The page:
[TWIAN (i.e., This Week in Anthropology) focuses on issues of anthropological practice that are of interest to the NAPA Anthro membership. The following post from Savage Minds is a worderful recap of 2009.
Everyone loves end of year reviews, even if they’re a couple days late. And we’re no exception. Here are some of the most popular posts, notable moments, and contributors’ favorites from the past twelve months.
SM picked up on the world of anthropology- from Dustin’s great post on Human Terrain in Oaxaca, Ethnic Studies Under Attack, Tom’s breakdown of the UK anthropology rankings, the burgeoning Open Anthropology Collective and even the youtube hit The Anthropology Song.
Rex gave advice to graduate students, offering them insight into what professors look for in applications, which he updated in December, told grant-seekers to read Michele Lamont’s How Professors Think, and suggested resources for preparing for fieldwork.
We stocked up on our popcorn, either to watch vividly or to throw it at the screen. Of course, the colonial, anticolonial, racist, liberatory, best thing since sliced bread, worst film ever Avatar got both Rex and Kerim going, but let us not forget that there have been other notable movies in the history of cinema. Rex reviewed the Librarian series…twice! Plus, where to find free documentary films online, Tristes Tropiques, and films for teaching anthropology.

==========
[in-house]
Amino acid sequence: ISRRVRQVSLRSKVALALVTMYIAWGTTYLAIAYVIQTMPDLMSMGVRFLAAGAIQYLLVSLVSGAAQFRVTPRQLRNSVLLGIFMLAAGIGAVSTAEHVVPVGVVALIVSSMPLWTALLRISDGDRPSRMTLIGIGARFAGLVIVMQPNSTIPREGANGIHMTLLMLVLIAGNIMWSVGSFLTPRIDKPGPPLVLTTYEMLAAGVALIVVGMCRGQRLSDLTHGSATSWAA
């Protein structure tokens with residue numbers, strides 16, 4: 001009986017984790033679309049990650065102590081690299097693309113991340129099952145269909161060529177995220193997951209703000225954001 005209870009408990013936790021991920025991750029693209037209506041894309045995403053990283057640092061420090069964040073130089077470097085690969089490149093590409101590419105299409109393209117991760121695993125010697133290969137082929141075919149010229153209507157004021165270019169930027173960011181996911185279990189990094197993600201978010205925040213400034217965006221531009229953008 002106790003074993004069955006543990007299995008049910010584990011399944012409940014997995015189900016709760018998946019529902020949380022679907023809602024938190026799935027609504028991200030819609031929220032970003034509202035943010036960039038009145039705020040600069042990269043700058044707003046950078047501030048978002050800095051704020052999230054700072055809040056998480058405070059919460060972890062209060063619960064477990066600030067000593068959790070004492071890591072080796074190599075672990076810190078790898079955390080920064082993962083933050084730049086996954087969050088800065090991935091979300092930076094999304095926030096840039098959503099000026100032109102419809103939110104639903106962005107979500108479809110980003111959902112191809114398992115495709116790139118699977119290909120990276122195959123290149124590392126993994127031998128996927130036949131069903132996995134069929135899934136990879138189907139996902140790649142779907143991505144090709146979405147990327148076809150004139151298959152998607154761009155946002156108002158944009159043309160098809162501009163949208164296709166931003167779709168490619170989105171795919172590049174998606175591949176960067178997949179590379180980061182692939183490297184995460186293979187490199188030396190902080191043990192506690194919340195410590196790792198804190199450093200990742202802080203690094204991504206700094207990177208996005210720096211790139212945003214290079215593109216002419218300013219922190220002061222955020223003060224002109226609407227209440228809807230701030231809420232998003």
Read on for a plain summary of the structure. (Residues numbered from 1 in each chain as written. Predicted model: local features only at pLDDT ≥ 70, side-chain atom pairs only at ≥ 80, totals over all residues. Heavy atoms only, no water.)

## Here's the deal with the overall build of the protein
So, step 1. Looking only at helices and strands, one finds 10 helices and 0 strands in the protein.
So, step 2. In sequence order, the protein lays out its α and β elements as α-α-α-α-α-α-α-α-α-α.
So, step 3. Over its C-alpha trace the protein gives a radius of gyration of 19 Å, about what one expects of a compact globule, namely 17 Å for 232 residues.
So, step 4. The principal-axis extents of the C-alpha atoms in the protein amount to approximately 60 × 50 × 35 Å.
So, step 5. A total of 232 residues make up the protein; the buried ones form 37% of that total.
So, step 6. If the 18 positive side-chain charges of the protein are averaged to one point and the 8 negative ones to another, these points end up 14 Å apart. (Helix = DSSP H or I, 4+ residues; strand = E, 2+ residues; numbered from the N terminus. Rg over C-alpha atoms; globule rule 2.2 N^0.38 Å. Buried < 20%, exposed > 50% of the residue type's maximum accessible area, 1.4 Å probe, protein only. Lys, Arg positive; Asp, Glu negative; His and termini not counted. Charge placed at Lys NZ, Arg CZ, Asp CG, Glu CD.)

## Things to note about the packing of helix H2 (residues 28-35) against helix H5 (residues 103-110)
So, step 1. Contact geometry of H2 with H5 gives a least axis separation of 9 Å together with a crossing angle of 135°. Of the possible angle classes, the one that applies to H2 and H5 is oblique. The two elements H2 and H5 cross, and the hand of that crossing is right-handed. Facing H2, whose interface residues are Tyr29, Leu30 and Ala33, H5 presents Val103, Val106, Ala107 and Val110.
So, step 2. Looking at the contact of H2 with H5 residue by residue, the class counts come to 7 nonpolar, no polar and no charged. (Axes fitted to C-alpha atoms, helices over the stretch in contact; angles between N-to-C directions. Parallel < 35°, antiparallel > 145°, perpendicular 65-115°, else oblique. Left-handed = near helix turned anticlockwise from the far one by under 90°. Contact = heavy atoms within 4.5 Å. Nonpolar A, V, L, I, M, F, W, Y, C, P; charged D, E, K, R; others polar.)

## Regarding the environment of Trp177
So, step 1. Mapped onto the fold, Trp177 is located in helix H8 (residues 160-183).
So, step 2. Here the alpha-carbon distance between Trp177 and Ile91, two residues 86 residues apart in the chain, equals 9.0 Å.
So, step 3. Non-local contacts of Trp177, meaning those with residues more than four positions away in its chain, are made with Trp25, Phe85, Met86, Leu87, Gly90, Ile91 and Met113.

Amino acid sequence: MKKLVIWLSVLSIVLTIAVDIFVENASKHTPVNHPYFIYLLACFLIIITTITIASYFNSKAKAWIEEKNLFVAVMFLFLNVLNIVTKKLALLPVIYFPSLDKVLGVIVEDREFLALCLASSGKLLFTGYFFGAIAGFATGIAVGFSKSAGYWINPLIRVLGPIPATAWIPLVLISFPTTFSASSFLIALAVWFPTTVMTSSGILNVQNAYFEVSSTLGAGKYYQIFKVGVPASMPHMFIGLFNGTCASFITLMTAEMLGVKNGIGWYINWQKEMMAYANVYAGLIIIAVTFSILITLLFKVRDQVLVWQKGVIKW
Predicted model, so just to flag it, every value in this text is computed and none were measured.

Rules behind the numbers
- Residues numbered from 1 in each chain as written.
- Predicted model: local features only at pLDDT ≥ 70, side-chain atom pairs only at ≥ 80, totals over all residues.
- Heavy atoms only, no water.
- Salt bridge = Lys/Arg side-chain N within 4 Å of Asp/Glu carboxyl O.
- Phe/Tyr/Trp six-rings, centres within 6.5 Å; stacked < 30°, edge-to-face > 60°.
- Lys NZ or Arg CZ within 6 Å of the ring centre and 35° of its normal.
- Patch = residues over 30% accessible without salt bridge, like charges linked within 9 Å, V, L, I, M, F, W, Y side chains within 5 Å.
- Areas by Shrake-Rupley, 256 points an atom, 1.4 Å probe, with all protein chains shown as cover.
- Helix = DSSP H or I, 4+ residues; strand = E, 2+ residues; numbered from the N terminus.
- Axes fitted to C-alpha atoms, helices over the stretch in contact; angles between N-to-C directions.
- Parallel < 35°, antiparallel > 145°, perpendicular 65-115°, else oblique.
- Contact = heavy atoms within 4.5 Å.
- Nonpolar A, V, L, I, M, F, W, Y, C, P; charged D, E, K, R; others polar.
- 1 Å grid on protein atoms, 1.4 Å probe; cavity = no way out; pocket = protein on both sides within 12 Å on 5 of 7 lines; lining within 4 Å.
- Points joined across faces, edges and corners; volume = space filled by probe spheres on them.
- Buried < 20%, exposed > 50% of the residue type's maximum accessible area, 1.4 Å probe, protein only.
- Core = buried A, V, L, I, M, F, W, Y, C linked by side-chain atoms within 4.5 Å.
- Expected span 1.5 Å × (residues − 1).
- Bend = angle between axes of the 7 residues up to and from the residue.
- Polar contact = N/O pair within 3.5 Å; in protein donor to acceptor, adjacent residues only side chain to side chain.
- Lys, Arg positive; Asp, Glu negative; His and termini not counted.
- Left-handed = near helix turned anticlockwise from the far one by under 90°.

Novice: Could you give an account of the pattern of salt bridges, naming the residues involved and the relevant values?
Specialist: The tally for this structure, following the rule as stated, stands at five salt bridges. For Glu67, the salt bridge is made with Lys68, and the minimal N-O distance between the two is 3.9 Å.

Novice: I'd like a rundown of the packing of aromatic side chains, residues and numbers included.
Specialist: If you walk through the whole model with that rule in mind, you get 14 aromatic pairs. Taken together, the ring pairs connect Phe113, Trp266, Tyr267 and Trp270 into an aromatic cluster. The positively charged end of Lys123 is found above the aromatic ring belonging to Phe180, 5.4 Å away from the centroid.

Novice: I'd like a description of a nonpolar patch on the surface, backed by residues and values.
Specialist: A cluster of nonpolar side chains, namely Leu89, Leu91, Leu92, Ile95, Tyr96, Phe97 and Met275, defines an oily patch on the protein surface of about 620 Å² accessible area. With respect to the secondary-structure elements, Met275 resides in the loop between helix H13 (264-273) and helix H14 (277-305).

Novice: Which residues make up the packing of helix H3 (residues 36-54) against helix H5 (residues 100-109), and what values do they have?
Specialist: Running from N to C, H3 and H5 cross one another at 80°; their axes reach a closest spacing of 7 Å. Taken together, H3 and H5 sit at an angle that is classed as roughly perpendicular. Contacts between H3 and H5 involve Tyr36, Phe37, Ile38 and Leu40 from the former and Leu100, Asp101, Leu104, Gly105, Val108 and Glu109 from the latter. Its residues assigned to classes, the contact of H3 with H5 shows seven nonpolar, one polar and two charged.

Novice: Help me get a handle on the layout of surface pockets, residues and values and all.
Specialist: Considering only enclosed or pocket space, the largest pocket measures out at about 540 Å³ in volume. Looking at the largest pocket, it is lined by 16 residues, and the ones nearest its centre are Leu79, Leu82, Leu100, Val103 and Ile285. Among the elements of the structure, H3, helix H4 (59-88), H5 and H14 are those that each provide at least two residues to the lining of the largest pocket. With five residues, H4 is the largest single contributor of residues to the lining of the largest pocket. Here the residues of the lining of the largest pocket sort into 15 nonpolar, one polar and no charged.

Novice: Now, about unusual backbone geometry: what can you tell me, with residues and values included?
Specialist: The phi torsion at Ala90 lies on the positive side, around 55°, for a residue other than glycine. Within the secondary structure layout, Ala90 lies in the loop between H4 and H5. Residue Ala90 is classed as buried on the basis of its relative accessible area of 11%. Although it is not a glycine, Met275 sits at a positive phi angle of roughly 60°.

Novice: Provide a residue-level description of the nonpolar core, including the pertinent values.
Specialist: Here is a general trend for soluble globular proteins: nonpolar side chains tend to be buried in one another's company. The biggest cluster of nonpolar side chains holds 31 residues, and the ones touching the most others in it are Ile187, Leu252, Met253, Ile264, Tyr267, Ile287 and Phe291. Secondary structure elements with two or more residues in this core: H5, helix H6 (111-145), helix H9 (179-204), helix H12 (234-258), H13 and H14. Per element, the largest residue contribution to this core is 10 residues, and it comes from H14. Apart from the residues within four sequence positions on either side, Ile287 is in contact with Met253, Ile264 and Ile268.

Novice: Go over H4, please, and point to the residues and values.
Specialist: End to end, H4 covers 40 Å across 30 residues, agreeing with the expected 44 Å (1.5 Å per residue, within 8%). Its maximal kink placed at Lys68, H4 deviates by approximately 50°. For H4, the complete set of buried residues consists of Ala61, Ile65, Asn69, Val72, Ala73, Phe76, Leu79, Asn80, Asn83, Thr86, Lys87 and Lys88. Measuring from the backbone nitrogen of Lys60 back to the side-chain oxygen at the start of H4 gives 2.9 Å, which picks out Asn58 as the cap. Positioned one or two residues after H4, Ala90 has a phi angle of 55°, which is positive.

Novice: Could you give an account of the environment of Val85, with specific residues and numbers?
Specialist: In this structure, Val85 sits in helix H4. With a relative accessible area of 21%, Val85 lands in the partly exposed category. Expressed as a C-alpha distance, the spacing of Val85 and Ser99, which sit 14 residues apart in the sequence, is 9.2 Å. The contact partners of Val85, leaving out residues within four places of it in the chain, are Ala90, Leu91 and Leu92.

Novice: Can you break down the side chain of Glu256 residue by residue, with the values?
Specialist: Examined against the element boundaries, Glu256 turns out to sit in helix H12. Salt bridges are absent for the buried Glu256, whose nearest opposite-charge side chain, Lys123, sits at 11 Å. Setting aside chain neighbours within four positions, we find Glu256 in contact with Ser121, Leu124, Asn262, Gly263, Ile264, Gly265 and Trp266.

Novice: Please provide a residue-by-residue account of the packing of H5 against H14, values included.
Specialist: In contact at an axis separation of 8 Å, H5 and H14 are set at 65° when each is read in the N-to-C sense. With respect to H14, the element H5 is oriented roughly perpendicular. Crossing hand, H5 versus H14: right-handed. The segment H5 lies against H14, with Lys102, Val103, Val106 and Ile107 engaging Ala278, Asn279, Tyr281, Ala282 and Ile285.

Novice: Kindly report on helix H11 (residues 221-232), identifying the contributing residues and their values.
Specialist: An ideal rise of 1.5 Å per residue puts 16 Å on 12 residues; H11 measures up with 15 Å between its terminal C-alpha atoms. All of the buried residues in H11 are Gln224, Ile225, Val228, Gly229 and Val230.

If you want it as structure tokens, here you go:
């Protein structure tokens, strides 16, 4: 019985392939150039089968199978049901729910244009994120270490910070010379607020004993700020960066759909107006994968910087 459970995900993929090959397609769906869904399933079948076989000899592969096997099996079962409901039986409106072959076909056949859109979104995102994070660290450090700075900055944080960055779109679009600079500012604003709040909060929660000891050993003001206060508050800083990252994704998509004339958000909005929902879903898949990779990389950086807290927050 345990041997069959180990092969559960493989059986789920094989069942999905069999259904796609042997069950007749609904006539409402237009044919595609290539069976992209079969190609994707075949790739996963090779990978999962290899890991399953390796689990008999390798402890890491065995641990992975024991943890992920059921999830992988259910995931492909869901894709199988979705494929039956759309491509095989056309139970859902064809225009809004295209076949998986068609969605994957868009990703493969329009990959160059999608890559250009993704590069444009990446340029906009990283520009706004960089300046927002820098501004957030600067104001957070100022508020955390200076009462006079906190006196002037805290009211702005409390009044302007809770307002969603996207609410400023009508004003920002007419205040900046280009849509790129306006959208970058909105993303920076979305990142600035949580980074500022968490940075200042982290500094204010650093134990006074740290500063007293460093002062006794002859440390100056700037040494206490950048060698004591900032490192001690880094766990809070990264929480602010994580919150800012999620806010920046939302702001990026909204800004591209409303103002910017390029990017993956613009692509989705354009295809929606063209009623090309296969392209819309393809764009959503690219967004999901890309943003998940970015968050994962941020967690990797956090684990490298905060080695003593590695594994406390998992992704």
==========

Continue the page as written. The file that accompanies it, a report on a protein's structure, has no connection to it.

Of course, online technologies constitute our media of choice, and SM had plenty to say about that. From Finding Anthropology on Twitter, to Virtual Worlds as Area Studies, to the profitability of social networking sites and a rereading of Imagined Communities in the digital and multinational age. Plus, Chris gave a rowsing, ‘the internet is dead, long live the internet’ cheer in recounting how his book has faired in the online creative commons.
This year, SM is it unethical to say something about someone that they cannot understand? And could the Henry Louis Gates affair be considered an American rorschach test on race? And there were plenty of opinions. Chris took a dressed-up call for the dismantling of the university to task, while Rex crowned the worst postmodern titlemaker. And Kerim compared Mendeley and other bibliographical tools.
We were lucky to have a number of great guest bloggers this year. Adam Fish wrote on celebrity journalists in North Korea, communes and online communities. Parvis Mahdavi contributed on her work on the sexual revolution in Iran. Anne Allison wrote about precarious socialities of Japanese youth. Ken MacLeish posted on the wounds of war and the dilemmas of stereotype. And Olumide Abimbola wrote pieces on consuming second hand clothing and anthropology in Nigeria.